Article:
Not much net play. Cilic’s ground attacks stand by themselves. Djoko loses his first few net points to strong passes, and the has little chance to come in - Cilic’s power doesn’t encourage it. Finishes just 2/10 at net. No counter-play on offer there

Match Progression
Cilic has better of first set… all the to being broken at the end to lose it. Prior to that game, he loses 7 points for 5 holds while facing no break points. Djoko loses 14 for 6 holds and has to save 6 break points across 2 games. That’s grass court tennis

Cilic is the powerhouse. Dynamic is him attacking, Djoko defending (not leading and reacting). Djoko hangs in with verve, making running, stretching, sliding gets to put one more ball in play. Usually loses the point anyway, but just takes a couple of misses to turn a game on its head, and Cilic, while well in the positives, isn’t immune to attacking errors

Djoko’s equalizer to being bossed about in play is Cilic’s vulnerable returning. Doesn’t take too much to get a return error out of him. Djoko’s got his hands full returning too - Cilic has 8 aces/service winners in set - but manages regularly to return tougher serves than the ones that draw errors from Cilic

Djoko saves break point in game 3. Some excellent defending from Djoko on the point, and the straining Cilic eventually misses a BH dtl winner attempt

Beat around badly, Djoko looks to attack net to give his game teeth in game 7. An approach error, forced back by a lob and Cilic coming in to volley a winner and a pass winner later, he’s got 0-40 to show for it. He escapes being broken - 3 unreturned first serves gets him out of the first hole (1 marked a UE) and he has to save 2 more afterwards, but his other 2 net points for the game (once drawn in) end with Cilic passing winners also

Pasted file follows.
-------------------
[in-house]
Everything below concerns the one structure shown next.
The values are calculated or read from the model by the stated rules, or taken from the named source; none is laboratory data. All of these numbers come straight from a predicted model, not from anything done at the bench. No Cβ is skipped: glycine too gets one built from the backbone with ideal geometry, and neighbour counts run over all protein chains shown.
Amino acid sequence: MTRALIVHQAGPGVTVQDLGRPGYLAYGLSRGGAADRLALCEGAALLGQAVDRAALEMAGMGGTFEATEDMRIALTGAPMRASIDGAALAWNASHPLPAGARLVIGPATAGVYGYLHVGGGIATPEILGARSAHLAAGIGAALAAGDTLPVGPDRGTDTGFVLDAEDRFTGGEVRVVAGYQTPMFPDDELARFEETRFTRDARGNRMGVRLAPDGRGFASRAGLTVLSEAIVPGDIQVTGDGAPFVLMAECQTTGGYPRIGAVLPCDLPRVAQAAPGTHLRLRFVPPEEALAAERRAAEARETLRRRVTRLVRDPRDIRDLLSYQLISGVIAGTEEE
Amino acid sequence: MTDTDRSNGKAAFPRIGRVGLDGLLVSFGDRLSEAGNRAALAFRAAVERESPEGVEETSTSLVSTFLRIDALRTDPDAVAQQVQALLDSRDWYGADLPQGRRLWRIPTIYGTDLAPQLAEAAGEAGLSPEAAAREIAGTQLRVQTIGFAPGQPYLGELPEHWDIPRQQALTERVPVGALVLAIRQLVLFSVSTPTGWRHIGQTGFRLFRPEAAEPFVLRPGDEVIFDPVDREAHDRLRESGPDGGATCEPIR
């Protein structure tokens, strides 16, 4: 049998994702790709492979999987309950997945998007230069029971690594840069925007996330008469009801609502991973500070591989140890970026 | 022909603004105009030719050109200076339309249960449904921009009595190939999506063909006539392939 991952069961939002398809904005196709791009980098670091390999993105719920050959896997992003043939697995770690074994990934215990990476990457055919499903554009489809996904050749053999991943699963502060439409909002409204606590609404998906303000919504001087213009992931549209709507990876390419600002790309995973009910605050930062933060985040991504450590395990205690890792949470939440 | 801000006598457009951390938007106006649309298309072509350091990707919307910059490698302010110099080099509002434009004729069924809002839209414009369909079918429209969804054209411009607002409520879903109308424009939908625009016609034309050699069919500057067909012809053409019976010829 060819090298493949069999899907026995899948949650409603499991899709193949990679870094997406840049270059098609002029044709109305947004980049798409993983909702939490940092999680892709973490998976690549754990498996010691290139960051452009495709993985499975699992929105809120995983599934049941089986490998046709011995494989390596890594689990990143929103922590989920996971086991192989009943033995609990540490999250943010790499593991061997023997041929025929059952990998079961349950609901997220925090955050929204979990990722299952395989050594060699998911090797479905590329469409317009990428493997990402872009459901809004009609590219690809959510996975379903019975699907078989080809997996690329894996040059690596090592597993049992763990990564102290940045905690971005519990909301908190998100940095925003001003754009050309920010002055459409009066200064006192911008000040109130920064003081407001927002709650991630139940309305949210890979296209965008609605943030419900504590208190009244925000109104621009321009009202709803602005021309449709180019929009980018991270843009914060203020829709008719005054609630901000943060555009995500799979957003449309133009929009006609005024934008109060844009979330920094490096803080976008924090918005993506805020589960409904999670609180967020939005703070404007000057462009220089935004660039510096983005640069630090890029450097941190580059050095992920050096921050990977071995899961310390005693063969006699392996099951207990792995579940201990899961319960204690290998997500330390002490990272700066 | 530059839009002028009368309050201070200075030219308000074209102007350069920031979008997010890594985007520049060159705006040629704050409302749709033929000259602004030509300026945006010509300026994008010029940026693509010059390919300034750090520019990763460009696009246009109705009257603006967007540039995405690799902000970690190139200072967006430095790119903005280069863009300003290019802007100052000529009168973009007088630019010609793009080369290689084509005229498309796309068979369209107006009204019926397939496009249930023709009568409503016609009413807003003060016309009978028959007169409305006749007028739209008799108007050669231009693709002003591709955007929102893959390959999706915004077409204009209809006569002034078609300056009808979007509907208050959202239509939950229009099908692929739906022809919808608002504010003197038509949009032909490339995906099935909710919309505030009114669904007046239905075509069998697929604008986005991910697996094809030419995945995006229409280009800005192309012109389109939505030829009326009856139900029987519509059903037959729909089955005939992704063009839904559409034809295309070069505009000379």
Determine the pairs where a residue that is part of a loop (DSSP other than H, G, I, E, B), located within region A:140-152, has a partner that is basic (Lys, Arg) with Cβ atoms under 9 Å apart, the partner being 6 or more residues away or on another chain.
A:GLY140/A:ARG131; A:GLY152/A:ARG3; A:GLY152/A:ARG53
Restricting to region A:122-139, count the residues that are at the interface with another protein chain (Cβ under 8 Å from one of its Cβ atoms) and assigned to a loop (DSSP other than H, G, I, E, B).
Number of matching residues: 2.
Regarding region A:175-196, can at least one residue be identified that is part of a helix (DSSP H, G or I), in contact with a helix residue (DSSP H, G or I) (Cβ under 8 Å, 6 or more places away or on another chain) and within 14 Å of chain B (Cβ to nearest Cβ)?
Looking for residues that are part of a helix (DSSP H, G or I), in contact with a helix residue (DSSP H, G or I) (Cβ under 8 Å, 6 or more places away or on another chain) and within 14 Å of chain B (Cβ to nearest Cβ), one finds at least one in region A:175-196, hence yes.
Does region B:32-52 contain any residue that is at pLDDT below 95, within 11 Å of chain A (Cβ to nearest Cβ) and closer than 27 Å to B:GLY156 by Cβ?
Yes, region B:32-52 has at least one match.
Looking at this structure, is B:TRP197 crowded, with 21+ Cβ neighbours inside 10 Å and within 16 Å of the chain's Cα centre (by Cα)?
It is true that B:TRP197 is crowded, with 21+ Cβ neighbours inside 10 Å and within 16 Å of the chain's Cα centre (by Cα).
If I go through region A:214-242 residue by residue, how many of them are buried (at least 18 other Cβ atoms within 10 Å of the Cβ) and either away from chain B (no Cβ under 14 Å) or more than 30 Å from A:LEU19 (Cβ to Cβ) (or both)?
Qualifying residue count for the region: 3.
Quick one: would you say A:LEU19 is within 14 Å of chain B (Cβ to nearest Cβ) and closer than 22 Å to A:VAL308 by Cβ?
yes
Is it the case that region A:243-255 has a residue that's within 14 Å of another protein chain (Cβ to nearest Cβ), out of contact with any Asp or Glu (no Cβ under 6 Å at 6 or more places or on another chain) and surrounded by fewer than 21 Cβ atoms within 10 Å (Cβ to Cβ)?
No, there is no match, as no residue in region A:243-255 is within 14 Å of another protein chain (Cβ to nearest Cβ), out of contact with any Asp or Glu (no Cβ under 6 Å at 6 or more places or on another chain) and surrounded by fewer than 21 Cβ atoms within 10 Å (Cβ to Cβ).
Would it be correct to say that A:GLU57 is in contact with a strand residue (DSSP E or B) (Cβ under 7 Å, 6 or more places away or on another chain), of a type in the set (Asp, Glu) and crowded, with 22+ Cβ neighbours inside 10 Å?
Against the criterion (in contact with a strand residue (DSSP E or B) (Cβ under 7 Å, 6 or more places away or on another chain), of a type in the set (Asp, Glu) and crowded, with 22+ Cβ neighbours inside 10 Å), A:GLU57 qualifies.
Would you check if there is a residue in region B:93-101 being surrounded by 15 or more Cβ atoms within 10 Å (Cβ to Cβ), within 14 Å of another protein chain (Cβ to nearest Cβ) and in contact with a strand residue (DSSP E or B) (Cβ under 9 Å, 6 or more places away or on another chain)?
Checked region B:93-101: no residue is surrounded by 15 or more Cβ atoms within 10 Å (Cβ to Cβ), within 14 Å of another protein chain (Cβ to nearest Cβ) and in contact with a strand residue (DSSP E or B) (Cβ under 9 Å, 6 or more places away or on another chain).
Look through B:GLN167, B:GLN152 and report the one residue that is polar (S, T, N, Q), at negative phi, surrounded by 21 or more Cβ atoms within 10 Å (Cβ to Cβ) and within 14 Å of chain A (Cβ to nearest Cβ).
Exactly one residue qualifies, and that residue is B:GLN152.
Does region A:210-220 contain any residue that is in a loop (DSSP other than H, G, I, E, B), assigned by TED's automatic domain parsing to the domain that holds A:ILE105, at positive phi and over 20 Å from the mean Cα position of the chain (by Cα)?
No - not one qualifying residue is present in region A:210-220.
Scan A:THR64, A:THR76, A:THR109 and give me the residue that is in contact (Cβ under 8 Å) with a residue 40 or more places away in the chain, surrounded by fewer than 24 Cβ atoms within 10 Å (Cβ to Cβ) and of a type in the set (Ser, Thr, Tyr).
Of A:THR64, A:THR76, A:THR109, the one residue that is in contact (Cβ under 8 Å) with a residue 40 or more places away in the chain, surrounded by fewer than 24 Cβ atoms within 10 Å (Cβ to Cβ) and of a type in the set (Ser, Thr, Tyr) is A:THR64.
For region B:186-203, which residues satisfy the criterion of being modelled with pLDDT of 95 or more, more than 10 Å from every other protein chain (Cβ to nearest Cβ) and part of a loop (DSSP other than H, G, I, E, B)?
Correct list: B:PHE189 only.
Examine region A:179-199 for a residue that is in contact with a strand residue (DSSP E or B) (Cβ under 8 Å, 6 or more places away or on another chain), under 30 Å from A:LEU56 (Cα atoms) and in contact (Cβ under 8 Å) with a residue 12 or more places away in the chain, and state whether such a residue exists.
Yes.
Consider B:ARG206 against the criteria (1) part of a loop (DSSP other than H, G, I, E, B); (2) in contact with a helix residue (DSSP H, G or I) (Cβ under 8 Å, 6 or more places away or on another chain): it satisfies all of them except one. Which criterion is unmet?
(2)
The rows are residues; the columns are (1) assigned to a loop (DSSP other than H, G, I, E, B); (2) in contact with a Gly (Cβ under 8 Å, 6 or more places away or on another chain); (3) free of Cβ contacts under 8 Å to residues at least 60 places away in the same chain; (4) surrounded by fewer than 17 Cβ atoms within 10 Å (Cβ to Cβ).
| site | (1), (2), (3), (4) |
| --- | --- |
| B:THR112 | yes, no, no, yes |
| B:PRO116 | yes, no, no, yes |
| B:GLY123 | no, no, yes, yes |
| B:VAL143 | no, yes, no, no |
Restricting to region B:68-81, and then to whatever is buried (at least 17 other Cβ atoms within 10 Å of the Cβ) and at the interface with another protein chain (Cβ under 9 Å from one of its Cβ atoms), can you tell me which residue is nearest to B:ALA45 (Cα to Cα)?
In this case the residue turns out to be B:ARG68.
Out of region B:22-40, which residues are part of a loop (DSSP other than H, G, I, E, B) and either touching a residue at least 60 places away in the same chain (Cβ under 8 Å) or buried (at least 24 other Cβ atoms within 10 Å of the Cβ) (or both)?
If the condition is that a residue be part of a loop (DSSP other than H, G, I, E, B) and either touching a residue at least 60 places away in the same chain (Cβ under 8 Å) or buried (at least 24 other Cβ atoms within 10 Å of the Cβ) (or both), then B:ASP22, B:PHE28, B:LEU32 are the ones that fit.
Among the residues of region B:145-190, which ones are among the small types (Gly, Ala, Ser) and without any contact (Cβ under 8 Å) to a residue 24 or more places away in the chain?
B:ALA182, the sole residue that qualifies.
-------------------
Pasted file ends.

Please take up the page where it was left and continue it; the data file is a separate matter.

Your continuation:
Few holds later, Cilic serves at 5-6 and against run of play, is broken. Outstanding defence from Djoko has a hand, some decent returns but more faulty third ball errors, 3 FH winners and a couple of double faults… a very tough game with the power-battering of Cilic and the hanging tight Djoko. Cilic misses a routine third ball BH cc to finally be broken and lose the set he’d dominated

Cilic has 18 winners, 17 UEs for the set. Djoko 3 and 6 - and 1 of his winners is a net chord dribbler

But trend turns completely in second set and Djoko can’t seem to lose a service point. He wins 19/20 points on serve from start of set, and going back to end of previous set, 18 in a row. And its Cilic that struggles through a 16 point hold at start of the set - dynamic of him leading/attacking, Djoko counter-punching still in operation

Djoko responds with an aggressive game of his own, 4 winners (including an ace) in a love hold. Wonderful running-down-drop-shot (a net chord dribbler in this case) drop shot at net stands out among them

Some brutal BH winners from Cilic as set goes on. Also hits a Djoko-like return right to the baseline to force an error. But its Djoko’s bag of attacking and counter-attacking ploys that get him to another break point late in the set, which happens to be match point also. Big service winner saves it and Cilic goes on to hold